Beauty & Self
Books & Music
Food & Wine
Health & Fitness
Hobbies & Crafts
Home & Garden
News & Politics
Religion & Spirituality
Travel & Culture
TV & Movies

Bored? Games!
Take a Quiz
Rate My Photo

European Travel
Action Movies
Bible Basics
Romance Movies
Family Travel

All times in EST

Full Schedule
g Astronomy Site

BellaOnline's Astronomy Editor

Planets & Moons

Earthīs companion planets and their moons

10 Amazing Facts about Saturn's Moons star
Saturn lies in the outer Solar System, ten times farther away from the Sun than Earth is. It's best known for its fabulous ring system, but it also has an amazing system of moons including ring shepherds and the smallest natural round body in the Solar System.

Absolute Beginners - Seeing Mars and beyond star
Three beautiful planets - Mars, Jupiter and Saturn - are all visible to the unaided eye. If you have binoculars or a telescope, you can also see some of the moons and other features. Hereīs a beginnerīs guide to the planets which lie beyond Earth.

Absolute Beginners - Seeing Mercury and Venus star
We can see five planets with our unaided eyes. But people often ask how to find them and how to recognize them. Here is a beginnerīs guide for seeing Mercury and Venus.

Astronomers on the Mountain Tops star
Big telescopes on high mountains, drawing astronomers to some exotic-sounding places. Is it as glamorous as it sounds? Not really, says one astronomer who describes some of the symptoms people suffer at high altitudes.

Ceres Facts for Kids star
Bodeīs Law predicted a planet between Mars and Jupiter. The Sky Police were looking for it, but Giuseppe Piazzi found it. Then someone found another one. And another one. We know of hundreds of thousands of asteroids now. Discover Ceres - planet, asteroid and dwarf planet.

Chemical Cosmos - book review star
"The Chemical Cosmos: A Guided Tour" is an astronomy book about chemistry - or perhaps a chemistry book about astronomy. Itīs an engrossing guided tour that will take you from the baby Universe through the first stars, the formation of solar systems and to our search for the origins of life.

Cosmic White Christmas star
If youīre dreaming of a white Christmas, the cosmos may have something of interest. How about deep snow on one of Saturnīs moons, a gigantic Christmas tree whose lights are baby stars, a snowman on an asteroid or an Einstein ring?

Earth & Moon star
Our home. And our close companion, object of awe, subject of poetry and the only other world on which humans have walked. What do we know about it?

Exploring Stars and Planets - book review star
Looking for an astronomy book for readers 8-14? Philipīs has a brand new edition of Ian Ridpathīs best seller. Clearly written and illustrated with up-to-date images, itīs the story of the Solar System. But there are also glimpses into galaxies, exploding stars and the history of the Universe.

Galactic Winter Games star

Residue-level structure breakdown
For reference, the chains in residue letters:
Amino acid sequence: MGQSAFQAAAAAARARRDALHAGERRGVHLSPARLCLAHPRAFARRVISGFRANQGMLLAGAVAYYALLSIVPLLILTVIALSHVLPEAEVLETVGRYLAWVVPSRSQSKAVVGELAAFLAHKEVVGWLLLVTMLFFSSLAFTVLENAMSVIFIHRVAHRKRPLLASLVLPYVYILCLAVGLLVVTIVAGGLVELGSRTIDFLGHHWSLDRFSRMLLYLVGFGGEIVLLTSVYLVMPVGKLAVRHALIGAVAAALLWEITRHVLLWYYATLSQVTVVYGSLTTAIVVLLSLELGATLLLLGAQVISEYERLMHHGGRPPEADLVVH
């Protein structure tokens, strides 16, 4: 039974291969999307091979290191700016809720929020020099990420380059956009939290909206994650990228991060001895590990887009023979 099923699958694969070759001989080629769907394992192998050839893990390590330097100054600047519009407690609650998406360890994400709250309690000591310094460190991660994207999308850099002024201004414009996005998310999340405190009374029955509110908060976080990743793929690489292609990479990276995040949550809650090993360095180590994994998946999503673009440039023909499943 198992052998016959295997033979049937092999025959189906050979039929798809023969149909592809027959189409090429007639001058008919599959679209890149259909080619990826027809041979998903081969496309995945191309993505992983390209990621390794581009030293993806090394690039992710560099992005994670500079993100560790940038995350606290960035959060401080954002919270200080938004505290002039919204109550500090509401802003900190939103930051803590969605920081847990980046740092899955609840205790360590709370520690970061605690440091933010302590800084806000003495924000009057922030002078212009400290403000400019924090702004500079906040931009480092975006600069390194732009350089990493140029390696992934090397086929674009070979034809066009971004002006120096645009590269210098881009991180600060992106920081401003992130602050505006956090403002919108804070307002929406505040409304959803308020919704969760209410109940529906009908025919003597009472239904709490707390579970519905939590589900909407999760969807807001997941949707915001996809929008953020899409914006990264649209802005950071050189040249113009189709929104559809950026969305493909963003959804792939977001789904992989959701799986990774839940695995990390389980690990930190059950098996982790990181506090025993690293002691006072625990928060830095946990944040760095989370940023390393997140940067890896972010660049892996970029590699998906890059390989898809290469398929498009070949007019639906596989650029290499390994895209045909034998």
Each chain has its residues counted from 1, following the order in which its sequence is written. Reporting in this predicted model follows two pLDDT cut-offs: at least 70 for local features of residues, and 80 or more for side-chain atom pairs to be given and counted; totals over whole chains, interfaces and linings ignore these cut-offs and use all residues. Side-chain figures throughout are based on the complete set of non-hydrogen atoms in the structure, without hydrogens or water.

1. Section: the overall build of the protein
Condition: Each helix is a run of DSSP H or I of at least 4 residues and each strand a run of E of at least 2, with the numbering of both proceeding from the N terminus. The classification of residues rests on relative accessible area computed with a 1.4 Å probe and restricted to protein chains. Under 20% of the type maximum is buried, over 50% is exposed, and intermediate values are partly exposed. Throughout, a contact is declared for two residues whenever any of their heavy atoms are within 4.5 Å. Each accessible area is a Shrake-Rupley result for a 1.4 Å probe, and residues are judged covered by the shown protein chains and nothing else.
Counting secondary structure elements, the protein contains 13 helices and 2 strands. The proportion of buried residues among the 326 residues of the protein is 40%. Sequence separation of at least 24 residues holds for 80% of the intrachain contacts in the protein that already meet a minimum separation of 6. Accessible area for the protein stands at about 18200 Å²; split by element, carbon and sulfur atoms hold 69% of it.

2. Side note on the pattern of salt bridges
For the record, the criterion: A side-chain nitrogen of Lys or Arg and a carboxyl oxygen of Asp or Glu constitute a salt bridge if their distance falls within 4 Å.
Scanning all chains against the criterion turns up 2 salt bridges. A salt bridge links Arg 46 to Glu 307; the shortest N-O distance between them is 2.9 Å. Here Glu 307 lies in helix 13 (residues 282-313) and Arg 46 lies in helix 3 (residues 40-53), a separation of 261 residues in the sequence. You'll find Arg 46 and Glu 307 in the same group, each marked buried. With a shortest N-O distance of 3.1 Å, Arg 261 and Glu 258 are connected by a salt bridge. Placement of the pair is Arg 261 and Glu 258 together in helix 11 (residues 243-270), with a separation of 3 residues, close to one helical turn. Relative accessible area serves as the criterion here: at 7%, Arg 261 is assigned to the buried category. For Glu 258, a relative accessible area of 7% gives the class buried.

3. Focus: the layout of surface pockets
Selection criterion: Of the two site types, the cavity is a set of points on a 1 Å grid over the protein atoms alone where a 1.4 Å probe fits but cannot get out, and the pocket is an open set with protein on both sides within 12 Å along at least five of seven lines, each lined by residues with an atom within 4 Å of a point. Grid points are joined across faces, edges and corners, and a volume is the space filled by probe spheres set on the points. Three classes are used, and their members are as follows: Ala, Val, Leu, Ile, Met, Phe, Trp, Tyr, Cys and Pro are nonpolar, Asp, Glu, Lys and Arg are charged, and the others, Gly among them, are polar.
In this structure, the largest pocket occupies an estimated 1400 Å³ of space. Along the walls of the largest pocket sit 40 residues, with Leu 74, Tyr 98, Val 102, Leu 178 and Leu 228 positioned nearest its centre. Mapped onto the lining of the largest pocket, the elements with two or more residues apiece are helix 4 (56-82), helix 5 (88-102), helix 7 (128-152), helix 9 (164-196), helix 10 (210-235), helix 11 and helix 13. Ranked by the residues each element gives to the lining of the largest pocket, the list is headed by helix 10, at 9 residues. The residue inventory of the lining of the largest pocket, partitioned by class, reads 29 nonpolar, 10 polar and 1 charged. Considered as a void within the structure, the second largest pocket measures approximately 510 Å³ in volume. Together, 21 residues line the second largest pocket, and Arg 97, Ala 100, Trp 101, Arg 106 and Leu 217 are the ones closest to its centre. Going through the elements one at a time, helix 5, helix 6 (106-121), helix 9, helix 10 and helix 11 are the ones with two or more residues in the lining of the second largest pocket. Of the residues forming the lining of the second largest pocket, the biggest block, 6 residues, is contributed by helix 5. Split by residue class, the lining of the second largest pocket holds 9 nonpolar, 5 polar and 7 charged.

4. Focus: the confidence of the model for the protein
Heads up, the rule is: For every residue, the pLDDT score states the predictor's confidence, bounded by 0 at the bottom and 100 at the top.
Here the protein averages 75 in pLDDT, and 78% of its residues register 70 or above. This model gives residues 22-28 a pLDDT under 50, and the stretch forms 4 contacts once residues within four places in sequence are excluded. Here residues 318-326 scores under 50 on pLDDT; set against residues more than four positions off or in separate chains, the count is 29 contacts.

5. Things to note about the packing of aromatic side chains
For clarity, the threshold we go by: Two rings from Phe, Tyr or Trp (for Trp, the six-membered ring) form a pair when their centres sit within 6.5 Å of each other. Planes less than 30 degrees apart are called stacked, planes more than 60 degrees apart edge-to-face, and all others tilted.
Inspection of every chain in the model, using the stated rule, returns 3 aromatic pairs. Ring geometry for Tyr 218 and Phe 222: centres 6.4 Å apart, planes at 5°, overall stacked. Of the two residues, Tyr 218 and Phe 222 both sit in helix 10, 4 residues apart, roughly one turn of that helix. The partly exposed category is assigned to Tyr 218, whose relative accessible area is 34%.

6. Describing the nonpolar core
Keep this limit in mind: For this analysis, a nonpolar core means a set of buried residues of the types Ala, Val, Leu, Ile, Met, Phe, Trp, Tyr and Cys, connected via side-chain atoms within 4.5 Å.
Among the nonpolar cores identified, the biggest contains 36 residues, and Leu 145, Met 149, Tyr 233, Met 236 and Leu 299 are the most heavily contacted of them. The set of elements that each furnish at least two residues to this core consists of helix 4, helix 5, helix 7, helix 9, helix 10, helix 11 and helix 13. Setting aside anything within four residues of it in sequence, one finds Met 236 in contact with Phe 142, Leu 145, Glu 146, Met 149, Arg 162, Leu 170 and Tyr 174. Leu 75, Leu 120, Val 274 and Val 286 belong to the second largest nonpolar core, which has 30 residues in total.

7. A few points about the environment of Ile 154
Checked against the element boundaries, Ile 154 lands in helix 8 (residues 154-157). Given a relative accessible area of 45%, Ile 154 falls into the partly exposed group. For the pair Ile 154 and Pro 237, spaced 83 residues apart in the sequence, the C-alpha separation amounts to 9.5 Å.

Welcome to the Galactic Winter Games, a starry tribute to Earthīs Winter Olympic Games. Itīs a tour of some really cool cosmic sights – as well as some hot ones, such as one of the biggest explosions in the Universe.

Good-bye Spirit star
Millions of people have followed the treks of the Martian rovers Spirit and Opportunity as they explored the red planet. In 2009 Spirit became trapped and was last heard from in March 2010. After a year being unable to contact her, on May 24, 2011, with sadness, NASA formally ended her mission.

How to Tell a Planet from a UFO star
Two English policemen chased a UFO through the Devon countryside. It was the planet Venus. A news reporter had quite a scoop when she found a UFO hovering over New York City. It was the planet Jupiter. Why are planets and stars often mistaken for spacecraft or aircraft?

Jupiter star
One planet in the Solar System dominates the others, so it's fitting that it's named for Jupiter, the king of the Roman gods. Jupiter has moons galore and monster storms, and it spins so fast that its day is only ten hours long.

Jupiter Facts for Kids star
King of the Roman gods, comet-killer, contains two and a half times the mass of all the other planets put together, has the shortest day of any planet in the Solar System. Itīs Jupiter! Find out more.

Jupiter's Galilean Moons star
Four moons circling Jupiter. It was a sensation when Galileo discovered them in the early 17th century - and they're still sensational! One is bigger than a planet. Another seethes with volcanic activity and has mountains taller than Everest. And which one has ocean that could harbor life?

Literary Moons of Uranus star
Solar System moons are named from mythology. Except for Uranus - its moons are named from English literature, primarily Shakespeare. How did this come about and what is the connection with the moons of Saturn?

Mars Facts for Kids star
The red planet has no little green men, but itīs a fascinating place. It has a mountain three times the height of Everest and a deep valley that dwarfs the Grand Canyon. Although Mars has no liquid water on the surface, if the southern polar icecap melted, it could cover the planet 36 feet deep.

Mercury Facts for Kids star
Now that Pluto is a dwarf planet, Mercury is the baby of the planets. Itīs close enough to the Sun for lead and zinc to melt during the day. Yet there may be frozen water in deep craters. Until space probes came along Mercury was a mystery hidden in the Sunīs glare, but thatīs changing!

Naming Planets star
From ancient times to the present, fifteen Solar System objects have been called planets. But there are only eight planets now. Find out what happened to the other seven and how the planets got their names.

Neptune Facts for Kids star